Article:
McGraw-Hill Construction reported a fall in August in its tracking of contracts for new construction.

At a seasonally adjusted annual rate of $540.6 billion, new construction starts in August dropped 9%, according to McGraw Hill Construction, a division of McGraw Hill Financial.

The decline followed July’s elevated volume, the strongest so far in 2014, and brought activity back to the average pace reported during the first seven months of this year.

By major sector, nonresidential building fell sharply, after being lifted in July by the start of several large manufacturing plant projects, while nonbuilding construction (public works and electric utilities) also retreated.  Residential building in August ran counter by posting a modest gain, helped by the continued growth for multifamily housing.

What’s the meaning of this? Total construction for the year-to-date (NOT adjusted for inflation or seasonal blips) is +4% for the year, as shown in the table above. Good, but not great.

Both are electrical distributors. BSE is located in Fargo, ND. Read more here.

The brief RenewableEnergyWorld article came with this graphic:


And the reason for the end of “curtailments”….? — They built 3,500 more miles of electric power transmission lines!

From Reuters, dated 9/10/14:

Applications for U.S. home mortgages fell last week to the lowest since December 2000 as interest rates rose for the first time in four weeks, an industry group said on Wednesday.

The Mortgage Bankers Association said its seasonally adjusted index of mortgage application activity, which includes both refinancing and home purchase demand, fell 7.2 percent in the week ended Sept. 5.

To be fair, it was the week of Labor Day. To be thoroughly fair, previous years each have had a Labor Day weekend . . .

They’re everywhere in the mass media. And they’re also a massive source of energy waste in data centers, according to National Geographic:

In nearly 3 million data centers across the United States, some 12 million machines serve up the emails, web pages, and files we access online every day. They’re the repositories of all our computerized information.

The high energy demand of those servers is well documented, but up to 30 percent of them are drawing power without actually doing anything.

These “zombie,” or comatose, servers are among the examples of energy waste documented in a report about U.S. data centers released Tuesday by the Natural Resources Defense Council (NRDC). If those facilities were to cut electricity consumption by 40 percent—half of what is possible using the tools now available to improve efficiency—the electricity savings would amount to $3.8 billion and 39 billion kilowatt-hours, according to the report.

That’s enough to power 3.5 million American homes


A press release and an 81-second video stake Verizon’s claim to be the greenest company in communications.

Among other things, the co. reportedly will install 10.2 mW of solar PV power-generating capacity. in 2014.

From IndustryWeek: A slide show

07 - DMG-Mori-Lasertec-crowd

. . . and an article.

IMTS = International Manufacturing Technology Show.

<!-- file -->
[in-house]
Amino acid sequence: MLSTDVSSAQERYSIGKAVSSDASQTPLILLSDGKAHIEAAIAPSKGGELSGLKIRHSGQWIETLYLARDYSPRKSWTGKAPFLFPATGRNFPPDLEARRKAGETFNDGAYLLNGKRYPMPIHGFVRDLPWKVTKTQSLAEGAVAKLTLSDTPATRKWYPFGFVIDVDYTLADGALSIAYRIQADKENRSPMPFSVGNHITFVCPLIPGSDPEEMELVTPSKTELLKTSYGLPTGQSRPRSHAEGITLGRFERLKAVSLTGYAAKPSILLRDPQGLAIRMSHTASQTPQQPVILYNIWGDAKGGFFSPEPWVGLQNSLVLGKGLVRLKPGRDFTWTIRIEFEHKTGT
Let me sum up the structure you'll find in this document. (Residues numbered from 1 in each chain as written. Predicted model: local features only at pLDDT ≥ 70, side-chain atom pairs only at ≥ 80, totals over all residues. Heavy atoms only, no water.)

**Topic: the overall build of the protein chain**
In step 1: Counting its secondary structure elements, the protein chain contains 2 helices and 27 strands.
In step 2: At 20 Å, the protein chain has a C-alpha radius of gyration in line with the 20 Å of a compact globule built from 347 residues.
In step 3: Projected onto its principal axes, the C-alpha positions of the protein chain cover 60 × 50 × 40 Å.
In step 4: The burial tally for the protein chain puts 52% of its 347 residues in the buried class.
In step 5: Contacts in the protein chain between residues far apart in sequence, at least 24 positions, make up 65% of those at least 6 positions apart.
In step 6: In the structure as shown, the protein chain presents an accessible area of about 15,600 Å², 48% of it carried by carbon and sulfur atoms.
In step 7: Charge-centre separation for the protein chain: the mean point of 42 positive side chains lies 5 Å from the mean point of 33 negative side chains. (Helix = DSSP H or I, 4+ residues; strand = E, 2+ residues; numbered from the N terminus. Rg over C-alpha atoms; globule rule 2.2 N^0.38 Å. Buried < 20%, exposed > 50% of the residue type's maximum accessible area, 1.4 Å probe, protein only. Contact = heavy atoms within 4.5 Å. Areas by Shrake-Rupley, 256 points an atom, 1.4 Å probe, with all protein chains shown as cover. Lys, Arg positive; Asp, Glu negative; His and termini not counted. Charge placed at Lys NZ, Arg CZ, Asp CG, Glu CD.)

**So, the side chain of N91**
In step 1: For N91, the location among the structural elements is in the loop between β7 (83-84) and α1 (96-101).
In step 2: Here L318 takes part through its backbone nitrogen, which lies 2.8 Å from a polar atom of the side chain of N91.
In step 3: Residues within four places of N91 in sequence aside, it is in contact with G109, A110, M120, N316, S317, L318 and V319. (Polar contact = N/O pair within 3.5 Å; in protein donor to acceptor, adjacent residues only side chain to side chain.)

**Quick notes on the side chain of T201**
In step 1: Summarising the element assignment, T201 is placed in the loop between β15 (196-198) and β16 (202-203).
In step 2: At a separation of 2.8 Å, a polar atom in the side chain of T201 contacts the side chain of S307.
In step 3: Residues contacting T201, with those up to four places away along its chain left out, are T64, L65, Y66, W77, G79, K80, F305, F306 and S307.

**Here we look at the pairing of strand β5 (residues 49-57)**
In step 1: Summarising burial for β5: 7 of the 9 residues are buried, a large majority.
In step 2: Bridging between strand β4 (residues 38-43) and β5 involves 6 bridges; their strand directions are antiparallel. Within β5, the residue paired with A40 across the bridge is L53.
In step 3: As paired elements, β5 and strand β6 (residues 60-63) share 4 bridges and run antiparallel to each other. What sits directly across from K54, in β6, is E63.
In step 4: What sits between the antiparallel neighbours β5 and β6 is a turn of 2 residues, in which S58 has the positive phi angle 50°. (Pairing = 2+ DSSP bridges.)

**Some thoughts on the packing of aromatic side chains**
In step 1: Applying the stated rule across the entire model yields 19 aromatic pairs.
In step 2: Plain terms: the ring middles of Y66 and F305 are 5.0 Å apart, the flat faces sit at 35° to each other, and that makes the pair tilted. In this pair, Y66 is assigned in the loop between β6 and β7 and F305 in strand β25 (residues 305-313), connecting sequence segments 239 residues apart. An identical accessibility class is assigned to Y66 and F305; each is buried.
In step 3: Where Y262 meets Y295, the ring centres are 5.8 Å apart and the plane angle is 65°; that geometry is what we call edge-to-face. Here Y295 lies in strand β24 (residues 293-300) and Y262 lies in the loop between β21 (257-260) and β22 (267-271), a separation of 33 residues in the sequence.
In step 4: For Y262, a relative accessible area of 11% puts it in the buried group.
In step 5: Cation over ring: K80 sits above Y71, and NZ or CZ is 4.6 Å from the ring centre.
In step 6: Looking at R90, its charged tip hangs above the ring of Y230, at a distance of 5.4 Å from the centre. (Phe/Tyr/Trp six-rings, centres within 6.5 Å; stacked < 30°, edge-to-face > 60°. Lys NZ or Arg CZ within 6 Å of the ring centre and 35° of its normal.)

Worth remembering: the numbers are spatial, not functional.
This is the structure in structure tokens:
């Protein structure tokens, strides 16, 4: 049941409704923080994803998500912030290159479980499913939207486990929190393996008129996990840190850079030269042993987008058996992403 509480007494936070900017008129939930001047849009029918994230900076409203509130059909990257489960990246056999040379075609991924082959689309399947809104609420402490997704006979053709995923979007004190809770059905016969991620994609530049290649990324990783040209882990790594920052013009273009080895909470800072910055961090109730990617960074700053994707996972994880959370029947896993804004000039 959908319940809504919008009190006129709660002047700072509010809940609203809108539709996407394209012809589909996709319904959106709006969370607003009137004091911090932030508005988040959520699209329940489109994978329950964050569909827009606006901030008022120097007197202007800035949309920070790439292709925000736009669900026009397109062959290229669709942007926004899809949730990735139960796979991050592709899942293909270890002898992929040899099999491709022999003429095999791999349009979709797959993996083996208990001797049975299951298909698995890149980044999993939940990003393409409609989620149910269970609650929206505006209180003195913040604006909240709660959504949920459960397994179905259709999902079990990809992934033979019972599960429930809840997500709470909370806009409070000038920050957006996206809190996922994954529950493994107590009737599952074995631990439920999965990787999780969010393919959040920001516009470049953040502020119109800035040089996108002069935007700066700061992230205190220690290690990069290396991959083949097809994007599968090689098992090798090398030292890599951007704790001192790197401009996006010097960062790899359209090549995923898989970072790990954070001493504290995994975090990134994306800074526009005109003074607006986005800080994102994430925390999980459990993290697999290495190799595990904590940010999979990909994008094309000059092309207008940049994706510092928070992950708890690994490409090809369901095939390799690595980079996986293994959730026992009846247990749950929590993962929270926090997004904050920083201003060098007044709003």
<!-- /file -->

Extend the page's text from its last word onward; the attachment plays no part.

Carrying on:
From Fun Facts About The Economic Census:



Screen Shot 2014-09-19 at 4.57.44 AM

Maybe some are, maybe some ain’t. For $2,995, you can get a report on this from GTM Research. As described in the online promo (which includes the limited-hang-out graphic above) –

Two-thirds of today’s cumulative solar capacity has been installed within the last three years, and PV installations are forecasted to quadruple by the end of the decade, growing from 128.3 GW at the end of 2013 to 528.1 GW by the end of 2020.

Against this backdrop of strong demand, there is growing concern that systemic quality issues will affect an exponentially increasing proportion of PV projects. Yet, so far, the extent of the module reliability problem has been largely misinterpreted and ill-understood.

So claims this Automated Buildings article, which asks: Does worker productivity belong in the short list of building metrics?

This isn’t a new idea. But it’s about time people began to “tackle” it. A slice of this pie (bolding by EleBlog) –

As shown in a recent study by Warwick University, happiness can lead to a 12% improvement in productivity2Happiness goes hand-in-hand with motivation, which is directly correlated to productivity. A study of call centers by Heschong Mahone Group showed that occupants with views of nature were 6% to 12% more productive than occupants without view of nature.

By creating comfortable environments, building managers can directly impact worker happiness.  Some examples of changes to workplace environments include personalized temperature controls, natural day lighting and general control of things like airflow, temperature, lighting, windows, etc.

So why have the vast majority of corporations not latched on to this huge potential?  . . . “When it comes to facility decisions, costs are almost always the predominant consideration. This is due primarily to the ease of documenting cost reductions compared to the difficulty of documenting benefits and value.”  In essence, value is often not measurable right away, or is inherently tough to measure.

Given the large financial return associated with productive environments, it is only a matter of time before more pragmatic companies (mainstream) invest in advanced concepts such as Biophilic design, thermal control and other technologies that put people at the center of the ROI equation. 

As part of these new admissions into this diverse space and the new metrics that will evolve, facility managers and control experts are likely to be at the forefront.  This is good news for our future as building experts.

New initiatives recognizing productivity will help justify good projects and facility managers will become more closely integrated into the formula of a successful company.